Stout’s cousin was David Overmyer.   John Stout, Rex’s father followed David from Indiana to Ohio for law school and then onto Kansas in 1887.  Overmyers and Stouts would live near each other and be extended family throughout Stout’s time in Kansas, from early years the children played together, produced theatricals “practiced scenes” –Rex liked to be the villain, and wrote. Stout remained in touch with the Overmyers throughout his life, but once he moved to New York but they did not play a dominant role in each other’s adulthoods. (David Hicks Overmyer, Stout’s childhood playmate will become a WPA muralist and he painted murals throughout the state, he is best known for the 8 murals on the ground floor of the Capitol’s rotunda and for Topeka High staff and alums the apple tree mural in the teachers’ breakroom)
                David Overmyer was a well-known attorney and a stalwart of the Democratic Party.  David Overmyer have brought populist, presidential candidate and free silver promoter William Jennings Bryan to visit the Stouts at Wakarusa and to have dinner, the Stouts. (P84) Stout’s older sister, May joined the Home Defenders, a temperance group formed by Topeka’s Dr.  Eva Harding to support Carrie Nation’s aims.  Carrie Nation was a frequent dinner guest of the Stout’s when she is in town.   May and Ruth joined her on several of her raids and were disappointed when Nation was arrested but they weren’t.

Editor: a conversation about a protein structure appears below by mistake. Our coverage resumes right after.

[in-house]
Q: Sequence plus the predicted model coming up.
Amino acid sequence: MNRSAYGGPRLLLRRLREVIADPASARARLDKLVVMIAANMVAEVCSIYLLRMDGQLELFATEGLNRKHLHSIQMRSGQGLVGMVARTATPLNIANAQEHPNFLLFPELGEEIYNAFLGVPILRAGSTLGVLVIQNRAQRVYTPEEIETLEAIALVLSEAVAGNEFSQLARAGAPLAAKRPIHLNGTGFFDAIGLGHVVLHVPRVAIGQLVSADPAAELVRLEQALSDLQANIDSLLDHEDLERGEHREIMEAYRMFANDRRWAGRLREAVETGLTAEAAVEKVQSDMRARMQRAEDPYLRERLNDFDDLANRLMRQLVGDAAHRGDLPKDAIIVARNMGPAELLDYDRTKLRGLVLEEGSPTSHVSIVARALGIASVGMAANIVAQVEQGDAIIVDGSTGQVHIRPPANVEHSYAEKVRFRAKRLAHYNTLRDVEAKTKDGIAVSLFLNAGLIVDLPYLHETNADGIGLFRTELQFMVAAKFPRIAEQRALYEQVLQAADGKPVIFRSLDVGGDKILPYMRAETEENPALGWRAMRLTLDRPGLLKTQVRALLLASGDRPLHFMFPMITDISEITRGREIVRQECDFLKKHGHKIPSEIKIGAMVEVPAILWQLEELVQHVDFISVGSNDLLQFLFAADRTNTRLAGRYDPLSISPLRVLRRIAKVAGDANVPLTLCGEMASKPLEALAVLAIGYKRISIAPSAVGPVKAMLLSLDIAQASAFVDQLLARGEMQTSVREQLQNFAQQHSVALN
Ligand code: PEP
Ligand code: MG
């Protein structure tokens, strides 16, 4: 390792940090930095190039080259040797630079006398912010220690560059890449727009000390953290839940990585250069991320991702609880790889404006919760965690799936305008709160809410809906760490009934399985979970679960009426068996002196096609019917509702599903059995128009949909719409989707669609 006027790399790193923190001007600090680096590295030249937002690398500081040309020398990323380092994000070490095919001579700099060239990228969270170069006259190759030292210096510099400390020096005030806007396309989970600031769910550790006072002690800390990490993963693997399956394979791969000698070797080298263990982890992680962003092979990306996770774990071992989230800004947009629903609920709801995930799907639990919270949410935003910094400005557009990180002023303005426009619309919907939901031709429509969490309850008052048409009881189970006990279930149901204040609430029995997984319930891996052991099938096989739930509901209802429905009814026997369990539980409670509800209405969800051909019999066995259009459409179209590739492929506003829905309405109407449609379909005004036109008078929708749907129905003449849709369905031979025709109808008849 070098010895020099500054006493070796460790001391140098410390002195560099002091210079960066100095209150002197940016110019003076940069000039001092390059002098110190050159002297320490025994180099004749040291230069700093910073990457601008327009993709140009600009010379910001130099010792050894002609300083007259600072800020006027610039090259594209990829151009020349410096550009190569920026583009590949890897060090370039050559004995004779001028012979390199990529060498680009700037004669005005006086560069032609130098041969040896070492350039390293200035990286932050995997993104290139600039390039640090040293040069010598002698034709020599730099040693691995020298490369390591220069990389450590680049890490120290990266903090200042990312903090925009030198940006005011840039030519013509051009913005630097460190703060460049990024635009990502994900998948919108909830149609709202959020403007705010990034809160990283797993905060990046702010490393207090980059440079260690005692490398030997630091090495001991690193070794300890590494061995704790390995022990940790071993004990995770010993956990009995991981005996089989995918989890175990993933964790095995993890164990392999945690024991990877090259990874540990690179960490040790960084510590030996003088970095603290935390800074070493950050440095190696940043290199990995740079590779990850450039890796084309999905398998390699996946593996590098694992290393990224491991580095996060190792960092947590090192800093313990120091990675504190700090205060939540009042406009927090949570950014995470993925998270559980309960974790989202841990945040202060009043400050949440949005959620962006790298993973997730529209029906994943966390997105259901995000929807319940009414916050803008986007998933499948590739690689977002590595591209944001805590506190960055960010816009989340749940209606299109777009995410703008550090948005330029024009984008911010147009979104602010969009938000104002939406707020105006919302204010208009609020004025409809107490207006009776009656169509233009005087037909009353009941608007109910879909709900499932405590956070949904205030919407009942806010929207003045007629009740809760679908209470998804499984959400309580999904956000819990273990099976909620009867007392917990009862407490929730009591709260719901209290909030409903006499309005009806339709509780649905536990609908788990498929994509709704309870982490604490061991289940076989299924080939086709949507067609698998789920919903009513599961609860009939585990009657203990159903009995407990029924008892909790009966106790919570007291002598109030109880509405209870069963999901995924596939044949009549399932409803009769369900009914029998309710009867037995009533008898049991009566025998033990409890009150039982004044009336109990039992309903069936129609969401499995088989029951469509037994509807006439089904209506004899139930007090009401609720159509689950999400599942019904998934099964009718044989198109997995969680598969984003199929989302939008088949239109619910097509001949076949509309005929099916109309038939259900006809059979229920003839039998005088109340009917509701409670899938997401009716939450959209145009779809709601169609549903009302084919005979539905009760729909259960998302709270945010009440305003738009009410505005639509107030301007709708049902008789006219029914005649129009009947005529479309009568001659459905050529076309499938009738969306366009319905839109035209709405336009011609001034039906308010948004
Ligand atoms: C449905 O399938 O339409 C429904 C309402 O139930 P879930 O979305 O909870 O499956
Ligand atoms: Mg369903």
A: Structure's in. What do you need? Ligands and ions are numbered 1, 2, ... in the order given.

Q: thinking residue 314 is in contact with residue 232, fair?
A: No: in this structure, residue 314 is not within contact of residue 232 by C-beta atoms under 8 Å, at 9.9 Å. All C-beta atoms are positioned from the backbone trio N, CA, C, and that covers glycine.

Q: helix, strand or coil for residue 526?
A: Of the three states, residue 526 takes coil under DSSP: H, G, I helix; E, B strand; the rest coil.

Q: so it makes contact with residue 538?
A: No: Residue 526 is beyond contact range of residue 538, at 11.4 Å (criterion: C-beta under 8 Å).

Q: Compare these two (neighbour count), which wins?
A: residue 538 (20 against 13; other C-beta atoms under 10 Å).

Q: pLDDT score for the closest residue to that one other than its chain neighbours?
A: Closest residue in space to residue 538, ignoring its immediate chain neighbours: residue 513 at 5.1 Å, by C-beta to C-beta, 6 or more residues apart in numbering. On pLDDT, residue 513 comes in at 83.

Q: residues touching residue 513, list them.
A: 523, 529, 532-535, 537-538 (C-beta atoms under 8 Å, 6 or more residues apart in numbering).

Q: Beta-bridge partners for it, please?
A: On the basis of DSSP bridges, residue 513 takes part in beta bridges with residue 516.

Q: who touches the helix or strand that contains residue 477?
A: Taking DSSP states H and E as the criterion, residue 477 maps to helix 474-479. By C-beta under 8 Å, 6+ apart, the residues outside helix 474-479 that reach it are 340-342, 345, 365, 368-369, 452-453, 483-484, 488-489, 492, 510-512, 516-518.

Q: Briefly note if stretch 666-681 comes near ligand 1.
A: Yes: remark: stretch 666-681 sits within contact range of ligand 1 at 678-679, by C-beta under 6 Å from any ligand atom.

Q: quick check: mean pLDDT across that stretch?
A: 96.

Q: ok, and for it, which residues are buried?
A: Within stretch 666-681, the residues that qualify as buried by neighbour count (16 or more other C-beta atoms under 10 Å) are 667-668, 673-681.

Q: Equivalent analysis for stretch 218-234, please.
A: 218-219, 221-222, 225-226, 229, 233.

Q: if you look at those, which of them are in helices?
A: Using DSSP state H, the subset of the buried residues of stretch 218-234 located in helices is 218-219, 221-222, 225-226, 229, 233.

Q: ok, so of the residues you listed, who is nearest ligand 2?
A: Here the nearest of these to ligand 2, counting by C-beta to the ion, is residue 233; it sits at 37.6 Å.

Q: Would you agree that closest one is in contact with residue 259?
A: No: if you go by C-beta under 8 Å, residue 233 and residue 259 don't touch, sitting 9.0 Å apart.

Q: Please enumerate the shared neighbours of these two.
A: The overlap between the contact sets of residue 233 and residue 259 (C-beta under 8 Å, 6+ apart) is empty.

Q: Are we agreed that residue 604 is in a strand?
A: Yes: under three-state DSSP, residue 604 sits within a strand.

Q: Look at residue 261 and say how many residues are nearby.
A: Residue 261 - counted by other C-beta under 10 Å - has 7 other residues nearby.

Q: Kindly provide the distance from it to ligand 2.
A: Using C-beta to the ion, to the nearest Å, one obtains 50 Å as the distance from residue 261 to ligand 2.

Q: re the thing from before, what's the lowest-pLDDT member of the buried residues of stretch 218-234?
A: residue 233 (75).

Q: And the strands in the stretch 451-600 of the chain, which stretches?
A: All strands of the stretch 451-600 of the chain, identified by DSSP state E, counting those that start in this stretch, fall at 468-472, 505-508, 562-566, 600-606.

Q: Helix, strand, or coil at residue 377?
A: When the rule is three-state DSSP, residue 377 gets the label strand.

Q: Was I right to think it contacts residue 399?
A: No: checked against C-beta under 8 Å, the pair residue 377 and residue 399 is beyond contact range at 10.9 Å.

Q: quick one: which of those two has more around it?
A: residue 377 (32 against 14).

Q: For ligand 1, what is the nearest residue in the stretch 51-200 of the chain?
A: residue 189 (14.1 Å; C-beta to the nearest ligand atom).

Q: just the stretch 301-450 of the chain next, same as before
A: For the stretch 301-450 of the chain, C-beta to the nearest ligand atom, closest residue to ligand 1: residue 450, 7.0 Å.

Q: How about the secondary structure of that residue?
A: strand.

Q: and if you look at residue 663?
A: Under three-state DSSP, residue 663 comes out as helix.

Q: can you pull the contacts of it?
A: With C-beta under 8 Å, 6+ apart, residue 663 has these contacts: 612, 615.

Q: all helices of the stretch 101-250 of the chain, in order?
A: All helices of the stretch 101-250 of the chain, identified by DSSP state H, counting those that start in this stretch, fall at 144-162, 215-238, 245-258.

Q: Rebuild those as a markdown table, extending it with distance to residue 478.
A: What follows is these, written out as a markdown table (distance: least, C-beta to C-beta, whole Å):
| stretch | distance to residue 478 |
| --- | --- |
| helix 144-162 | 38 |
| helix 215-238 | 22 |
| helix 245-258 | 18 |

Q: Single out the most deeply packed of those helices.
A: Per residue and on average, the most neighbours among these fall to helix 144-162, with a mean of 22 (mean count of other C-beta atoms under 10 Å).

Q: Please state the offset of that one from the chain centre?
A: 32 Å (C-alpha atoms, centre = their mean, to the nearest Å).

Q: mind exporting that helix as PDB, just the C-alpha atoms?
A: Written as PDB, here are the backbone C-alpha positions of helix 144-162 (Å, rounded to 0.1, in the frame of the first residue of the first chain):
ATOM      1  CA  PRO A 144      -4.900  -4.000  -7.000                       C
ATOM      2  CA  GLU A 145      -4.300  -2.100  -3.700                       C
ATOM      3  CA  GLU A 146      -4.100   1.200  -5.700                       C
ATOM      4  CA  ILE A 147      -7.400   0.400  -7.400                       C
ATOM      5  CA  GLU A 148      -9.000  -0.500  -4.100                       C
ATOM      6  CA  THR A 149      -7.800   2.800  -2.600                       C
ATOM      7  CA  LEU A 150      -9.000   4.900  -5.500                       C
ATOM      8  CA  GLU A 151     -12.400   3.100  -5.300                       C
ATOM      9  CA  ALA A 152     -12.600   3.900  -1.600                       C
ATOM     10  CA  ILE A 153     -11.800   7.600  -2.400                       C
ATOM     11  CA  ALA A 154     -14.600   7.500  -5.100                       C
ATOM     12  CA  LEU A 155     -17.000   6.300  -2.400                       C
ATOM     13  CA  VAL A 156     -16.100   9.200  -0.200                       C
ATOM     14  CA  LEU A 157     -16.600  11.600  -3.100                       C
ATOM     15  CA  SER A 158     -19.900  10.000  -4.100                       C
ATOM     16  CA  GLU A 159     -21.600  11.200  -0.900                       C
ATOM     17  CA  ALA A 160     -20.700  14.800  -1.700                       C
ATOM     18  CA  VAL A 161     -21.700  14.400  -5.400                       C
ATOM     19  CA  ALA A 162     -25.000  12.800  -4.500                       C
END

But, getting back to our mystery, the best description of where the Wakrusa farm in McLeer’s biography says that it was “two and a half miles from Wakarusa along the Sac and Fox road”. The Sac and Fox road was one of the main trails that “wond over the hills to the Wakarusa Valley, and across that river at the ford where the great stone bridge now stands, due south of Berryton; and from there it wound around the hill through the woods and again over the plains. Afterwards a public road was laid out upon this trail, called, in the Shawnee County records, the "Sac and Fox Road," but usually spoken of as the "Ottawa State Road." ( Then, we got something concrete, a name and a date,  in June of 1896—Wakarusa farm is sold to John Stephens (p. 74) , brother Bob opens a fee store on East 8th and sister May is teaching at Rice School.
                Onto the Shawnee County Court House Register of Deeds and back to the grantee/grantor books where all the real estate transactions dating back to the founding of the city are. Records dating back this far are no longer kept in books but are digitized and on cd and the ladies at the courthouse were both amazing and fast at helping me find the exact address, the Stout farm was at the Northwest quarter of the Southwest quarter of Section 18, Township 13, Range 16.